Called "Sequential Intercept Mapping," the sessions trace the possible pathways for persons with behavioral health needs and who are involved in the legal system. An "intercept" is defined as a point of contact. For example, the entry point to the system - Intercept 1 - may be a 9-1-1 call or contact with a police officer, for example.
The sessions Dec. 11 and 12 at the Sidney Police Department training facility were led by professionals from the Ohio Criminal Justice Coordinating Center of Excellence, embedded at the Northeast Ohio Medical University in Rootstown, near Akron. It is the goal of the CJ/CCoE "for each county in Ohio to develop an array of programs that will divert people with mental disorders from jail and keep people with mental disorders in treatment."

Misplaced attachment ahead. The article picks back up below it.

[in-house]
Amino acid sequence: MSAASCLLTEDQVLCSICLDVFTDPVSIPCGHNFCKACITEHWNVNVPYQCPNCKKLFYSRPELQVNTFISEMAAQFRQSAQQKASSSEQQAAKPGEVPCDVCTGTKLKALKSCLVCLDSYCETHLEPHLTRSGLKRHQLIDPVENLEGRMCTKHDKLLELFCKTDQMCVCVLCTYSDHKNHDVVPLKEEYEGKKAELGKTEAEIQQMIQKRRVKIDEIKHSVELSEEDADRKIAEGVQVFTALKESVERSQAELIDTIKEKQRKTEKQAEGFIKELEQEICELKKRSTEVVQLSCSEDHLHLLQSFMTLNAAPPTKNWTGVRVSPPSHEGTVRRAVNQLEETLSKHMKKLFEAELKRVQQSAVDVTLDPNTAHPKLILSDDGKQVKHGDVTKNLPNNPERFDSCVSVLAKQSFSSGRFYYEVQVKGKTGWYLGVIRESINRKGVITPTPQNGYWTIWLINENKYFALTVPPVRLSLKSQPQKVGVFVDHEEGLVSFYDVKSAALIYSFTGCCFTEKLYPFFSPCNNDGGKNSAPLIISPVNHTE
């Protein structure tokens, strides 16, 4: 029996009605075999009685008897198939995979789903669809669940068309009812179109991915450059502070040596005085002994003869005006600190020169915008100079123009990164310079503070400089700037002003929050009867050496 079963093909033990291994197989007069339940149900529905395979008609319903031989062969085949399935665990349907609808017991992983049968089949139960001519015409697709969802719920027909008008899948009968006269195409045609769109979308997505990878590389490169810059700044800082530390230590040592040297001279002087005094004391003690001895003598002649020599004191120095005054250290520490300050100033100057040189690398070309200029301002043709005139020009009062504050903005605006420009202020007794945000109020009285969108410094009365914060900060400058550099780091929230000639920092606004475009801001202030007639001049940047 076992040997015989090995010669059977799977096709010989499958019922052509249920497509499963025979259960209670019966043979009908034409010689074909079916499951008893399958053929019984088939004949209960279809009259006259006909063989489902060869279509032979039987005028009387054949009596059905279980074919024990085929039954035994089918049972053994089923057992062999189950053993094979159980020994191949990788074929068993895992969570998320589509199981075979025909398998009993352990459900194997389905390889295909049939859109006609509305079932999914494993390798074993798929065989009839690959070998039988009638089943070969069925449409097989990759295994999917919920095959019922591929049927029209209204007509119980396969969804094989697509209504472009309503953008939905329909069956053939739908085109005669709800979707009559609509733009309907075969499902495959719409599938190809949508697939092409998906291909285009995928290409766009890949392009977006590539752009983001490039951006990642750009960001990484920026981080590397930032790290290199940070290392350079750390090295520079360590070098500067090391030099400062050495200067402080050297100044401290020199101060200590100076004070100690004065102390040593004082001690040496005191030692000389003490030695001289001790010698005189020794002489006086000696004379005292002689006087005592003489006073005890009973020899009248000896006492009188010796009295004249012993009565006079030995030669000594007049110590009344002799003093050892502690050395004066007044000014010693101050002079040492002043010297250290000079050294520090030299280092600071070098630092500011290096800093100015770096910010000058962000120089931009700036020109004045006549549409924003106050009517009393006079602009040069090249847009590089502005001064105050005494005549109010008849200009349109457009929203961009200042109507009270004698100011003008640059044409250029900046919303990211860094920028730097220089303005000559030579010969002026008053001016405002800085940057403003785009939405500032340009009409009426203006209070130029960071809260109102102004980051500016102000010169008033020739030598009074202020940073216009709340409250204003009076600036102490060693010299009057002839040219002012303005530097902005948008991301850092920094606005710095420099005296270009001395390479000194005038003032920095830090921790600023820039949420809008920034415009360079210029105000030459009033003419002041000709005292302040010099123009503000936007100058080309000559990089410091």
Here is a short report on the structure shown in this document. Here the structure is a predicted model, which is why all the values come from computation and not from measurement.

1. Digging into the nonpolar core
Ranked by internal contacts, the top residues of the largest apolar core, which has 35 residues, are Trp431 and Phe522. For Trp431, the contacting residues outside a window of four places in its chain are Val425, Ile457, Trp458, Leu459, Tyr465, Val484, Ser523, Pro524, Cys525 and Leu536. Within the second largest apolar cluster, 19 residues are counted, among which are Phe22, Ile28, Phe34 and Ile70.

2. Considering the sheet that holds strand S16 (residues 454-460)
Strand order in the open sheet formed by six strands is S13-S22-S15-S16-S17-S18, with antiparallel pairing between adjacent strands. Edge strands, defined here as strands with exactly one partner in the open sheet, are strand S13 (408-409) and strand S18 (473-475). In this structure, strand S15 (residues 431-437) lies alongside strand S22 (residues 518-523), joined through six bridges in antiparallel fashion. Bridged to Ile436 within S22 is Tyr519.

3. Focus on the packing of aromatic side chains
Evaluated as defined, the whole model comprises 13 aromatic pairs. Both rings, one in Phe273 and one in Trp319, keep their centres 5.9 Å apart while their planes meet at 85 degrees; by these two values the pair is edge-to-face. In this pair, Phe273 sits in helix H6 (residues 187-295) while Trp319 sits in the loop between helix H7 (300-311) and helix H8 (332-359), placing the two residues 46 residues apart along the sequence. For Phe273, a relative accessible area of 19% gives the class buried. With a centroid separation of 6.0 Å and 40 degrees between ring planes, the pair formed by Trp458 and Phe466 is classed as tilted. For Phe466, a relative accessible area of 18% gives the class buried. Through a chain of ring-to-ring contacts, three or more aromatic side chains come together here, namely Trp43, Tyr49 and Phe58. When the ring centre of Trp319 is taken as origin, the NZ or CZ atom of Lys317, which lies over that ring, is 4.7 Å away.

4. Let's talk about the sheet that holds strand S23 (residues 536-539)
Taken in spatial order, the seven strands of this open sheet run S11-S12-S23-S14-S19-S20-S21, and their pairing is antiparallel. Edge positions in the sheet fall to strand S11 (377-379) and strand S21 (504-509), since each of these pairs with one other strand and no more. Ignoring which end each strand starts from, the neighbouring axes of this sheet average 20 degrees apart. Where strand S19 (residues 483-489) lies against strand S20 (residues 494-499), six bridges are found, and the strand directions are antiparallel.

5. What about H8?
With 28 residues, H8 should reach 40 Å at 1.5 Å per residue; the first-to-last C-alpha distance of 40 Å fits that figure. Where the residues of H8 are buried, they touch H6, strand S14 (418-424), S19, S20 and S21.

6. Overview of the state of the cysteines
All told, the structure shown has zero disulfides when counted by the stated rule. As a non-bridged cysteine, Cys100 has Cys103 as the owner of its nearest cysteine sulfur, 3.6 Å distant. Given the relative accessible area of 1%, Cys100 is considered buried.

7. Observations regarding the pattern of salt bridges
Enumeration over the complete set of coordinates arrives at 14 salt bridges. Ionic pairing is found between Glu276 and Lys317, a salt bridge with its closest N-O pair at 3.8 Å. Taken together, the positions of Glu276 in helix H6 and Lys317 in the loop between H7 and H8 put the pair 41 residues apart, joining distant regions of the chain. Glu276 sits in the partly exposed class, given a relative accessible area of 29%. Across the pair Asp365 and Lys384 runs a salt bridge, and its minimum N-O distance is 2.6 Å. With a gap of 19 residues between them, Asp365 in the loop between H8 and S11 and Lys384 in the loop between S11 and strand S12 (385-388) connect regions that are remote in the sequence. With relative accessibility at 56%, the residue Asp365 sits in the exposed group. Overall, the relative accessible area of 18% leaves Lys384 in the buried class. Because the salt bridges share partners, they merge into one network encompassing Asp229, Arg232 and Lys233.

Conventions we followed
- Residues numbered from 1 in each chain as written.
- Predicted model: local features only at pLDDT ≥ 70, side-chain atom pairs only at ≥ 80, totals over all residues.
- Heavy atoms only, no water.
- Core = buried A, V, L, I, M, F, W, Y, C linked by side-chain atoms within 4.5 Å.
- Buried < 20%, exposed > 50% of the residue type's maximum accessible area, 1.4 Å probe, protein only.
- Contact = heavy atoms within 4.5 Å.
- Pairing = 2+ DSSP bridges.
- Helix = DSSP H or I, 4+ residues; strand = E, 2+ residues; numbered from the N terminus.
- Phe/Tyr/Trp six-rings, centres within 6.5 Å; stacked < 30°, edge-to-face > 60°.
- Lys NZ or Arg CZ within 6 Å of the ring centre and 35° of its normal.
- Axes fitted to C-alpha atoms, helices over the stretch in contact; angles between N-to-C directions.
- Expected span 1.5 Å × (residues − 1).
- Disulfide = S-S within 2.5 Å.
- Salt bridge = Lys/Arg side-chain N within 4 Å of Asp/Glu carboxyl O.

A first step toward the goal of appropriate diversion is to know what services and systems each county currently employs, and where the gaps may be. According to the CJ/CCoE website, "The Sequential Intercept Model proposes that there are a number of 'points of interceptions' or opportunities where an intervention can be made with a person with mental illness that will keep that individual from entering or going 'deeper' into the criminal justice system."
The training was funded by an Edward Byrne Memorial Justice Assistance Grant to the CJ/CCoE, and arranged by the Tri-County Board of Recovery and Mental Health Services in cooperation with the Shelby County Sheriff's Office and the Sidney Police Department.
One outcome of the training is the establishment of working subgroups who are researching specific topics and who will report back with additional information or with specific plans or strategies for improving systems in Shelby County. The group plans to re-convene sometime in the first quarter of 2015.